The 2nd day of Christmas is the Feast of Saint Stephen, deacon and first martyr of the Church. Stephen's last words before he died were a prayer for those who were stoning him, “Lord, do not hold this sin against them” (see Acts 7:54-60). Thus, he proved himself a worthy servant of Jesus Christ who commanded, "But I say to you that hear, Love your enemies, do good to those who hate you, bless those who curse you, pray for those who abuse you" (Luke 6:27-28) and who himself prayed from the cross, "Father, forgive them; for they know not what they do" (Luke 23:34).
As we celebrate the coming of the Prince of Peace and sing of peace on earth, good will to all, let us serve him as Deacon Stephen did by embracing the daily witness/martyrdom of peaceableness. Here is something along those lines from Gregory of Nyssa (335-386):
He is our peace, who has made both one. Since Christ is our peace, we shall be living up to the name of Christian if we let Christ be seen in our lives by letting peace reign in our hearts. He has brought hostility to an end, as the apostle said. Therefore, we must not allow it to come back to life in us in any way at all but must proclaim clearly that it is dead indeed. God has destroyed it in a wonderful way for our salvation. We must not, then, allow ourselves to give way to anger or bear grudges, for this would endanger our souls. We must not stir up the very thing that is well and truly dead, calling it back to life by our wickedness.
But as we bear the name of Christ, who is peace, we too must put an end to all hostility, so that we may profess in our lives what we believe to be true of him. He broke down the dividing wall and brought the two sides together in himself, thus making peace. We too, then, should not only be reconciled with those who attack us from without, we should also bring together the warring factions within us, so that the flesh may no longer be opposed to the spirit and the spirit to the flesh. Then when the mind that is set on the flesh is subject to the divine law, we may be refashioned into one new creature, into a man of peace. When the two have been made one we shall then have peace within ourselves.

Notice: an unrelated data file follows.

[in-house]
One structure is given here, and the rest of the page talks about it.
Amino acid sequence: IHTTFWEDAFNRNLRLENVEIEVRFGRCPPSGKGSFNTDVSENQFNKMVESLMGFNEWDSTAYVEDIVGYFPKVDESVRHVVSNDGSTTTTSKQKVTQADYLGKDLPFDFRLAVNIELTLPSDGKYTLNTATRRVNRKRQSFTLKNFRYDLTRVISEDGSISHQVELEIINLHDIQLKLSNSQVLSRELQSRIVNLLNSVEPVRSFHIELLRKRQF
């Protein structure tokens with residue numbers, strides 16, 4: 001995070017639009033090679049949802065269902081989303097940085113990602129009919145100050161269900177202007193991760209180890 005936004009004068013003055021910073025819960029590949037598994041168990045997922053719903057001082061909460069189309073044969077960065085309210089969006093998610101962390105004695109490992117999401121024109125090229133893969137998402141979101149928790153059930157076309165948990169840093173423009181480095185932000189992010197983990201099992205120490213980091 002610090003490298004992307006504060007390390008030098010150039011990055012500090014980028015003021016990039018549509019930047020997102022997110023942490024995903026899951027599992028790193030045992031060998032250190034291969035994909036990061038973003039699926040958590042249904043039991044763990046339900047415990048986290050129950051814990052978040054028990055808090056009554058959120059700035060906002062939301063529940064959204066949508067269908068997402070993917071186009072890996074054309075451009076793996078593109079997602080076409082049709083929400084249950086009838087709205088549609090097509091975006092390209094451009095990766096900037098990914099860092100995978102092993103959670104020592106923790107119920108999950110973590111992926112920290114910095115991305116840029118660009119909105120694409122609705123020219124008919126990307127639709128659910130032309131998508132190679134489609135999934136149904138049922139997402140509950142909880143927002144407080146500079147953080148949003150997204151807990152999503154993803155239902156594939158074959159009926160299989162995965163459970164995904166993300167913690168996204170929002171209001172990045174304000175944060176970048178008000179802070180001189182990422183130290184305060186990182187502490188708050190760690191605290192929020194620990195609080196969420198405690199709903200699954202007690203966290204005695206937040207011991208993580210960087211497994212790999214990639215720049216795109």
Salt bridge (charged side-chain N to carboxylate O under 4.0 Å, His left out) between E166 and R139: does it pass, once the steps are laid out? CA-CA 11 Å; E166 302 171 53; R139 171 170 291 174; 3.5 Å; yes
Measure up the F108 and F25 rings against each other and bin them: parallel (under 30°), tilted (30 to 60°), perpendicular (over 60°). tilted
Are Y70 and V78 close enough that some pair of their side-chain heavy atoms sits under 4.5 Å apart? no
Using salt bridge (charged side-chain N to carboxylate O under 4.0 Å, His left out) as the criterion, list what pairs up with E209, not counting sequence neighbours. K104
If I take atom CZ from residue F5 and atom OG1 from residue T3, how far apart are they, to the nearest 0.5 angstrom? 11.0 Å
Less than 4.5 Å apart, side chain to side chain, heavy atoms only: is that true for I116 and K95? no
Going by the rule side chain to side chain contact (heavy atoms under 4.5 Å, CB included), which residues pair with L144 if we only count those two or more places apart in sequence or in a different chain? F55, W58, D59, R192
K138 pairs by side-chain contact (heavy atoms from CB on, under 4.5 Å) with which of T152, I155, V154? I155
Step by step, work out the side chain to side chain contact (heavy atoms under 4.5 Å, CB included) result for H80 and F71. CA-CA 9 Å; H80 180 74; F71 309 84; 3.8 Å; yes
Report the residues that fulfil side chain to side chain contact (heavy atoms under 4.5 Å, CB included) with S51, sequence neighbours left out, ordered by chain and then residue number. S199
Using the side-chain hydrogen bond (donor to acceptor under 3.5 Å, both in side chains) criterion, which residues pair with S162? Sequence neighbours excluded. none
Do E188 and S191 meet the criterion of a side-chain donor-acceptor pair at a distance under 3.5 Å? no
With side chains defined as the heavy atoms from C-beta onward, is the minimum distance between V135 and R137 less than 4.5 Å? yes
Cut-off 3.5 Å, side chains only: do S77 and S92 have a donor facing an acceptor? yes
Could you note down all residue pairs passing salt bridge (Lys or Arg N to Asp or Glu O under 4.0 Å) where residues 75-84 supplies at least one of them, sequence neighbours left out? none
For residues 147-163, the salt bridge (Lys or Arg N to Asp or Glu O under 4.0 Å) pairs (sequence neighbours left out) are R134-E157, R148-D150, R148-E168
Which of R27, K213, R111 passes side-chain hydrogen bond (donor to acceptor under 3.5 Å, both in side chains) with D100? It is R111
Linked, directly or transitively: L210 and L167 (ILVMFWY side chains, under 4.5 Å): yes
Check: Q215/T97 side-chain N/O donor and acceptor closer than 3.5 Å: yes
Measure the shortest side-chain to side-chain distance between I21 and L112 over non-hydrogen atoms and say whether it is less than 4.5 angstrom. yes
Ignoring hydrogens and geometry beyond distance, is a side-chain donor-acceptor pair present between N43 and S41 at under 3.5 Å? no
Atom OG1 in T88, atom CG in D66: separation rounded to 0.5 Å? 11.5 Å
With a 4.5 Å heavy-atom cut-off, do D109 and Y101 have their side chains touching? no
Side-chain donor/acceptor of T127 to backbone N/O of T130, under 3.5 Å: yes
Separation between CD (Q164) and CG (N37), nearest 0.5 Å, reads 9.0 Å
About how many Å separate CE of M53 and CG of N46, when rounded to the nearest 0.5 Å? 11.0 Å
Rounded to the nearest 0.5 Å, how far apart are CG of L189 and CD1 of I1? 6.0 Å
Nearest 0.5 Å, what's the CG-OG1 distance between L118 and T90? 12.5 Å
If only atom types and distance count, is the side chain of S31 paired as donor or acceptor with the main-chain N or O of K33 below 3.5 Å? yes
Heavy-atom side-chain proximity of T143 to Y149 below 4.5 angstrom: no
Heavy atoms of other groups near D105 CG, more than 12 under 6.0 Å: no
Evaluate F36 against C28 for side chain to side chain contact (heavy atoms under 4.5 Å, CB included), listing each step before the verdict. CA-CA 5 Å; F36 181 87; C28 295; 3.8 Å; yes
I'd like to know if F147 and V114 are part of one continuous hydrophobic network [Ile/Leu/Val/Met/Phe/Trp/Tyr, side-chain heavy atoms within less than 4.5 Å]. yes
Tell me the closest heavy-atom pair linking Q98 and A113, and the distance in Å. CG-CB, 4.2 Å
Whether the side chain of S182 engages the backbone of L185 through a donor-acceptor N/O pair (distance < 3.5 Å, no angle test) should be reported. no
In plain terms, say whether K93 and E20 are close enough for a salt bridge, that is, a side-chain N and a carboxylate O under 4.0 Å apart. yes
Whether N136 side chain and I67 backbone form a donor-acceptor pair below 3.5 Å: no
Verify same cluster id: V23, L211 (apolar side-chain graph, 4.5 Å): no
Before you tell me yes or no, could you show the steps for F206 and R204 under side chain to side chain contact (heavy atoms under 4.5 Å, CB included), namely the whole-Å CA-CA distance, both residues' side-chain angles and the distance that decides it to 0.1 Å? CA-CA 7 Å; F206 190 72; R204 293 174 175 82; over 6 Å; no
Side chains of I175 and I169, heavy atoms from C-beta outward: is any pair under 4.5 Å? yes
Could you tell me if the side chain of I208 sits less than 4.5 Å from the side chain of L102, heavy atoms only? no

The definition of peace is that there should be harmony between two opposed factions. And so, when the civil war in our nature has been brought to an end and we are at peace within ourselves, we may become peace. Then we shall really be true to the name of Christ that we bear.
When we consider that Christ is the true light far removed from all falsehood, we realize that our lives too should be lit by the rays of the sun of justice, which shine for our enlightenment. These rays are the virtues by which we cast off the works of darkness and conduct ourselves becomingly as in the light of day. Then, when we refuse to have anything to do with the darkness of wickedness and do everything in the light, we ourselves shall also become light and our works will give light to others, for it is in the nature of light to shine out.
But if we look upon Christ as our sanctification, then we should keep ourselves free from all that is wicked and impure both in thought and in deed and so prove ourselves worthy to bear his name, for we shall be demonstrating the effect of sanctification not in words but in our actions and in our lives.